Nathaniel Ward

Don’t be afraid to fail

Ed Catmull:

If you aren’t experiencing failure, then you are making a far worse mistake: You are being driven by the desire to avoid it. And, for leaders especially, this strategy—trying to avoid failure by out-thinking it—dooms you to fail.

By Nathaniel Ward on


The purpose of a fundraising email

Quick quiz: When you send out a fundraising email, do you measure its success based on:

  1. The open rate of the email;
  2. The click rate of the email; or
  3. The revenue the email generates?

If you answered anything but 3, try again.

The actual goal of a fundraising email isn’t widely understood, even among fundraisers. Roger Craver has a great rant at The Agitator about this problem:

Sure, there’s plenty of stupid, phony measurements that lead nowhere. Measurements I call ‘vanity metrics’ like ‘open rates’, ‘page views’ and other such nonsense.

Sadly, there’s little or no measurement of the difficulty, frustration – or, hallelujah – moments when donors attempt to engage with nonprofit websites.

Yet we continue to honor — and pay — the consultants, staff and others who bring us lots of ‘Likes’ on Facebook, lots of open rates and views on our websites. Most of it is absolute bullshit!

Opens and clicks and likes are inputs to, not the output of, your fundraising machine. These vanity metrics are useful only insofar as they contribute to revenue. They can be a proxy for success, but as often as not they aren’t.

Opens and clicks are necessary but not sufficient for email fundraising success. Without opens and clicks, your email appeal won’t succeed. But don’t gauge your success based on those alone.

Repeat after me: the purpose of a fundraising email is to raise funds. Period.

By Nathaniel Ward on


Why forcing password resets worsens security

Britain’s CESG explains why they no longer recommend forcing users to reset their passwords:

The majority of password policies force us to use passwords that we find hard to remember. Our passwords have to be as long as possible and as ‘random’ as possible. And while we can manage this for a handful of passwords, we can’t do this for the dozens of passwords we now use in our online lives.

To make matters worse, most password policies insist that we have to keep changing them. And when forced to change one, the chances are that the new password will be similar to the old one.

Attackers can exploit this weakness.

The new password may have been used elsewhere, and attackers can exploit this too. The new password is also more likely to be written down, which represents another vulnerability. New passwords are also more likely to be forgotten, and this carries the productivity costs of users being locked out of their accounts, and service desks having to reset passwords.

Another solution is to use a password manager like 1Password that generates random, unique passwords for each site you use—and then secures them all behind a password only you know. You won’t have to worry about reusing passwords or remembering all of them, and dealing with periodic password resets is a cinch.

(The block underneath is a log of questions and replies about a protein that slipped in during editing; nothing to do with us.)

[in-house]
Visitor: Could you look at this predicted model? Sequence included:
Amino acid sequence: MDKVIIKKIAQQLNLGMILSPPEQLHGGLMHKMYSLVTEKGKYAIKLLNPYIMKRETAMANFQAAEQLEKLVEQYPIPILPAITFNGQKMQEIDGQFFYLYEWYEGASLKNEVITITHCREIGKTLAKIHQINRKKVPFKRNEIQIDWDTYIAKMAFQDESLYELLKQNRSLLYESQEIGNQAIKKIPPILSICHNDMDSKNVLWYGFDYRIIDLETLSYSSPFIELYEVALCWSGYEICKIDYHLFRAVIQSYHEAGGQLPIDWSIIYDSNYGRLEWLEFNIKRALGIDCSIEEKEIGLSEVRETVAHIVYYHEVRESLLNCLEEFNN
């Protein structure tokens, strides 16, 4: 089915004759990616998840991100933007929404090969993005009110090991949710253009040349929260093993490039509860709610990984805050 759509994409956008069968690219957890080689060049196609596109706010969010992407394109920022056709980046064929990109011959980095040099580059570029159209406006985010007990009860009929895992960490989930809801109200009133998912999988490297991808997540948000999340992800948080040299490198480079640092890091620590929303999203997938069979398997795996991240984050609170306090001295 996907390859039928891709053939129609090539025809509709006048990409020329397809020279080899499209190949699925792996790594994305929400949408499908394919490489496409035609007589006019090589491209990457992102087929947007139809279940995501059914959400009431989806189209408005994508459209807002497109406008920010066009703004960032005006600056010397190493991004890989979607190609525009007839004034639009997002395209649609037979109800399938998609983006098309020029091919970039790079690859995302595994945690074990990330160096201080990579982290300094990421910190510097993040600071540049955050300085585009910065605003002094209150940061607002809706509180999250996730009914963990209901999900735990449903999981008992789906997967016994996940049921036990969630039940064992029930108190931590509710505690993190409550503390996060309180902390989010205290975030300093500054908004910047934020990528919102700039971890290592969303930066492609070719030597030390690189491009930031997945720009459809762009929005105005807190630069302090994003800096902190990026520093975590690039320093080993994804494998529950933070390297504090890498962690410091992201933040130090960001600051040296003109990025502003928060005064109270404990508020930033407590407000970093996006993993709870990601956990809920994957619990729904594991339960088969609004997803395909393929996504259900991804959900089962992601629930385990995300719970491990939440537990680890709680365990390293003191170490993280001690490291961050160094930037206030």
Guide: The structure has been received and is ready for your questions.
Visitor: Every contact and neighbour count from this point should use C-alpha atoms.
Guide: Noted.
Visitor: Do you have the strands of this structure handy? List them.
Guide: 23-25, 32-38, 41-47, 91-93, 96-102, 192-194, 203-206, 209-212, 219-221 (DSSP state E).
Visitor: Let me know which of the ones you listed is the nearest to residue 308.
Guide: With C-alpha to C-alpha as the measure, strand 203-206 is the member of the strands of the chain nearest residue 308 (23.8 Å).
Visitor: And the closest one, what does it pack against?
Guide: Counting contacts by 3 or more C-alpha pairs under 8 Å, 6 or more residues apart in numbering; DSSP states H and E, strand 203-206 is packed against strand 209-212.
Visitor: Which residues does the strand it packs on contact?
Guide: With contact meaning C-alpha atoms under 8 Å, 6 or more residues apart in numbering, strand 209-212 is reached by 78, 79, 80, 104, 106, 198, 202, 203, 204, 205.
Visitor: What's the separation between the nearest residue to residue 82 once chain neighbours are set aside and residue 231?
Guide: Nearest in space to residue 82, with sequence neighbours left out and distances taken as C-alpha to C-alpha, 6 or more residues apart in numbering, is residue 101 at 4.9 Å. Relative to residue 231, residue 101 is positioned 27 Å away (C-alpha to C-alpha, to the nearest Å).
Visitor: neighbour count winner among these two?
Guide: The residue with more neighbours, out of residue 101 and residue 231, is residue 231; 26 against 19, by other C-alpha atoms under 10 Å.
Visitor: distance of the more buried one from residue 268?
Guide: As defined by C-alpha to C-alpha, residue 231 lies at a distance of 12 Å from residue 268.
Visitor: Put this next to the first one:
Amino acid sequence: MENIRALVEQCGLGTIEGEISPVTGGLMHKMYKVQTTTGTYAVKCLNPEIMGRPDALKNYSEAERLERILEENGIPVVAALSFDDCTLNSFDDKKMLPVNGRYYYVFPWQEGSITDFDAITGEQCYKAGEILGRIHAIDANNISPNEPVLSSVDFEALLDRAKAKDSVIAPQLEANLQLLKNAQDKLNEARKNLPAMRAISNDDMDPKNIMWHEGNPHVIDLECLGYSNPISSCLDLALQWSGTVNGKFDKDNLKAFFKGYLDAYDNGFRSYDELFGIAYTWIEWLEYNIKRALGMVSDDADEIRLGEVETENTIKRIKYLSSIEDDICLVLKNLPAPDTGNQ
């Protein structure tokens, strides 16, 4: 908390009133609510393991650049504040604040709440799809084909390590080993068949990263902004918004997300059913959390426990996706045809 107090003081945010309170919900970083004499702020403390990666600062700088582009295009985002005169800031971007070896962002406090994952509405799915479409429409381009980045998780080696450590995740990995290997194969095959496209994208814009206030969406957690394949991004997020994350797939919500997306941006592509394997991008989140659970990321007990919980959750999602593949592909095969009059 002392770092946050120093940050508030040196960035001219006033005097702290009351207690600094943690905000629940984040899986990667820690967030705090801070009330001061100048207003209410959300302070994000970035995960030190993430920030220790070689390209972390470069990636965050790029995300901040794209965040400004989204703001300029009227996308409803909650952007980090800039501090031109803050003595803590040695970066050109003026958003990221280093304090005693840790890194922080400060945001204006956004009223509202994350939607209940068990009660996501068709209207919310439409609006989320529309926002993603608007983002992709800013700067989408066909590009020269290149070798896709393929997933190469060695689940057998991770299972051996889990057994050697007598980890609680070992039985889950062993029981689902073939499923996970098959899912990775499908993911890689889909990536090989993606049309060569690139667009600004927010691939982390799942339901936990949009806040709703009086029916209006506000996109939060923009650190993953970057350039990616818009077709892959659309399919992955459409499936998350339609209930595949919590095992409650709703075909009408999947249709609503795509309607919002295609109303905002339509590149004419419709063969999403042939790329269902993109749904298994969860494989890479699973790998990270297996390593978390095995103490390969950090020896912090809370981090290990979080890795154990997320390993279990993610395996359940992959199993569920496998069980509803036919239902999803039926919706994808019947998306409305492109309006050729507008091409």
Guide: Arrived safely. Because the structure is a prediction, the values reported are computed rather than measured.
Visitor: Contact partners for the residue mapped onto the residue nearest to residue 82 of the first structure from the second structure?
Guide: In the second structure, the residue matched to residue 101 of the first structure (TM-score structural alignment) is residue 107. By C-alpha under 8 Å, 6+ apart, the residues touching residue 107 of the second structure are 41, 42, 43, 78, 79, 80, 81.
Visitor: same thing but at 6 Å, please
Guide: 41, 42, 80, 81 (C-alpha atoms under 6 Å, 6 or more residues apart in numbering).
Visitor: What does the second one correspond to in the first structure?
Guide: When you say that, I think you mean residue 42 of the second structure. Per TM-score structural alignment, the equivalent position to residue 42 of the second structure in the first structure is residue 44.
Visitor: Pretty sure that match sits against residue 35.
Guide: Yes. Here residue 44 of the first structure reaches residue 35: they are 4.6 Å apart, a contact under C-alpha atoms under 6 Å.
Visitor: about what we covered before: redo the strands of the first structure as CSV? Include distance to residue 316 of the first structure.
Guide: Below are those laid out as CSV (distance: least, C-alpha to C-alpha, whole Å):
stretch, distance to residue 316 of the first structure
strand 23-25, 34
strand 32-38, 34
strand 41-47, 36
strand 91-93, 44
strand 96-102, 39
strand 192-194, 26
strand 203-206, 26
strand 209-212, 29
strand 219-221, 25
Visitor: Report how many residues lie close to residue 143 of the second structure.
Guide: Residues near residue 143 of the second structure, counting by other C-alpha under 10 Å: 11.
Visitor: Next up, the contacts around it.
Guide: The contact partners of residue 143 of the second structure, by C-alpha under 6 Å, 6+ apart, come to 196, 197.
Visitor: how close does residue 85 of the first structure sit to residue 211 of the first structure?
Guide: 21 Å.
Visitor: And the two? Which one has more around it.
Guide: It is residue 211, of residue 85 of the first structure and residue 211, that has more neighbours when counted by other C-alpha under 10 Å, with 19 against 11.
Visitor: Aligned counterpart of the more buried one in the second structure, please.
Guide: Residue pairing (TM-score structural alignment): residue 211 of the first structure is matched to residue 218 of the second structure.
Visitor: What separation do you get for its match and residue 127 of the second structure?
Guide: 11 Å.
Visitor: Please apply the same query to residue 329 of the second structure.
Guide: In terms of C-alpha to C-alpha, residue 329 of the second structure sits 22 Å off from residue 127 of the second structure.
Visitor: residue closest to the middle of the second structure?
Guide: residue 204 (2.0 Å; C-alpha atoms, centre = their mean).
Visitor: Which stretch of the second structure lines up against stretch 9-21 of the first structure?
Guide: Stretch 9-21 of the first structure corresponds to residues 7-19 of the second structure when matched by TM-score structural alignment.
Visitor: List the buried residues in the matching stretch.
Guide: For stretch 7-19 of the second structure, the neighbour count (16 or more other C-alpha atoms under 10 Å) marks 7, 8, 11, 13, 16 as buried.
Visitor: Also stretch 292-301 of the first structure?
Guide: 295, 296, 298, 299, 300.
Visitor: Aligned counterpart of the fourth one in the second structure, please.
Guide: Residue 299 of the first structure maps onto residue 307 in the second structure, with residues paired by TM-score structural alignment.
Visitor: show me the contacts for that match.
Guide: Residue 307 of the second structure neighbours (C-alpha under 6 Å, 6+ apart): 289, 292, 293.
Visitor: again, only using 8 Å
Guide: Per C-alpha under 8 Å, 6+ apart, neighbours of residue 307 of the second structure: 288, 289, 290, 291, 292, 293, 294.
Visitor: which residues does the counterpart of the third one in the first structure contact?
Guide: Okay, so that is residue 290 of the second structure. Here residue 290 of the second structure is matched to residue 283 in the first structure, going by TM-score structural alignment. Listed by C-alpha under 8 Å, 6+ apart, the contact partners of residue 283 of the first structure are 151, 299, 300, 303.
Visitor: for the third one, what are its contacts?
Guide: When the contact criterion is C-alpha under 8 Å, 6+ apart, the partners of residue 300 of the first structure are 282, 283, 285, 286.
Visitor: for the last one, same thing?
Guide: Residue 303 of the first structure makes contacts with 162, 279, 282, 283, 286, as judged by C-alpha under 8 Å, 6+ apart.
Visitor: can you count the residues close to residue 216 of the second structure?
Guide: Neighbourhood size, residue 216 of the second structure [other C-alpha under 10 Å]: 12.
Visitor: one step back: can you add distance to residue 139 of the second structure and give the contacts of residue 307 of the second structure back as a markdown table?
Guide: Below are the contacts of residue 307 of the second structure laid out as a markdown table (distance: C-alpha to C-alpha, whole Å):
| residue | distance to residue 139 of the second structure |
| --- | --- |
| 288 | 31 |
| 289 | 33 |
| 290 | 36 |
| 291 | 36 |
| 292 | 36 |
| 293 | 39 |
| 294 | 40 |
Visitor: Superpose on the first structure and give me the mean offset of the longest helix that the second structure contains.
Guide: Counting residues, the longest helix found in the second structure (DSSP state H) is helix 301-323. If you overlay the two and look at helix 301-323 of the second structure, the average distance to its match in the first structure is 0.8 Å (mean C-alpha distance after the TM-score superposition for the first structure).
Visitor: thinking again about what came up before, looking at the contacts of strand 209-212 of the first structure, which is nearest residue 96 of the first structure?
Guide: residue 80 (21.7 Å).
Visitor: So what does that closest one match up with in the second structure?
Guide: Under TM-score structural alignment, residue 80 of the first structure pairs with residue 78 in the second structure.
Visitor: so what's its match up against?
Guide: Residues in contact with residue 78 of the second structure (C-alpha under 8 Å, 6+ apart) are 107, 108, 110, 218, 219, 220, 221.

By Nathaniel Ward on


In fundraising, ‘what works is, quite simply, what works’

Email fundraising appeals may come across as shrill, oddball, or corny. They often are. Deliberately.

As Eric Josephsen explains, the goal of a fundraising appeal isn’t to please pundits or win design awards:

As hard as I work to create a beautiful product for my clients, that’s not what email fundraising is ultimately about. It’s about getting as many dollars in the door as possible. At the end of the day, whatever it takes to accomplish that goal is what must be done.

The frequency and aggressiveness of political emails fundraising emails is dictated in part by a campaign’s short time horizons. A campaign generally aims to maximize revenue in the short run, before the election, which can lead to more aggressive churn-and-burn tactics. A charity, by contrast, typically aims to build relationships and maximize long-term value over several years.

Josephsen adds that there’s a method behind the tactics used in email fundraising:

In many respects, email fundraising grew out of the political direct mail industry, which established many of the common testing methodologies and creative best practices used in both political and commercial direct mail to this day.

But with the instant results provided by digital communication, political email marketers now also have access to the same analytics and testing tools used by clickbait giants like Upworthy, Amazon, BuzzFeed, and, yes, Gawker.

Online marketers can and should let data make the decisions. Anything else is a disservice to the organization they’re working for. As Josephsen says, “what works is, quite simply, what works.”

By Nathaniel Ward on


Why you need a book club at work →

A lot of office culture today emphasizes productivity. But learning remains essential, and often gets left behind. Who has the time?

Dmitry Koltunov makes the case for making time through a formal office book club:

Sometimes you need to slow down to speed up. To grow ALICE from three of us to 30 people, and to get through the early stage hurdles, we had to find a way to prioritize learning as a team. So we started an office bookclub. No other tradition has had more of a positive impact on our culture, our processes and our product.

By Nathaniel Ward on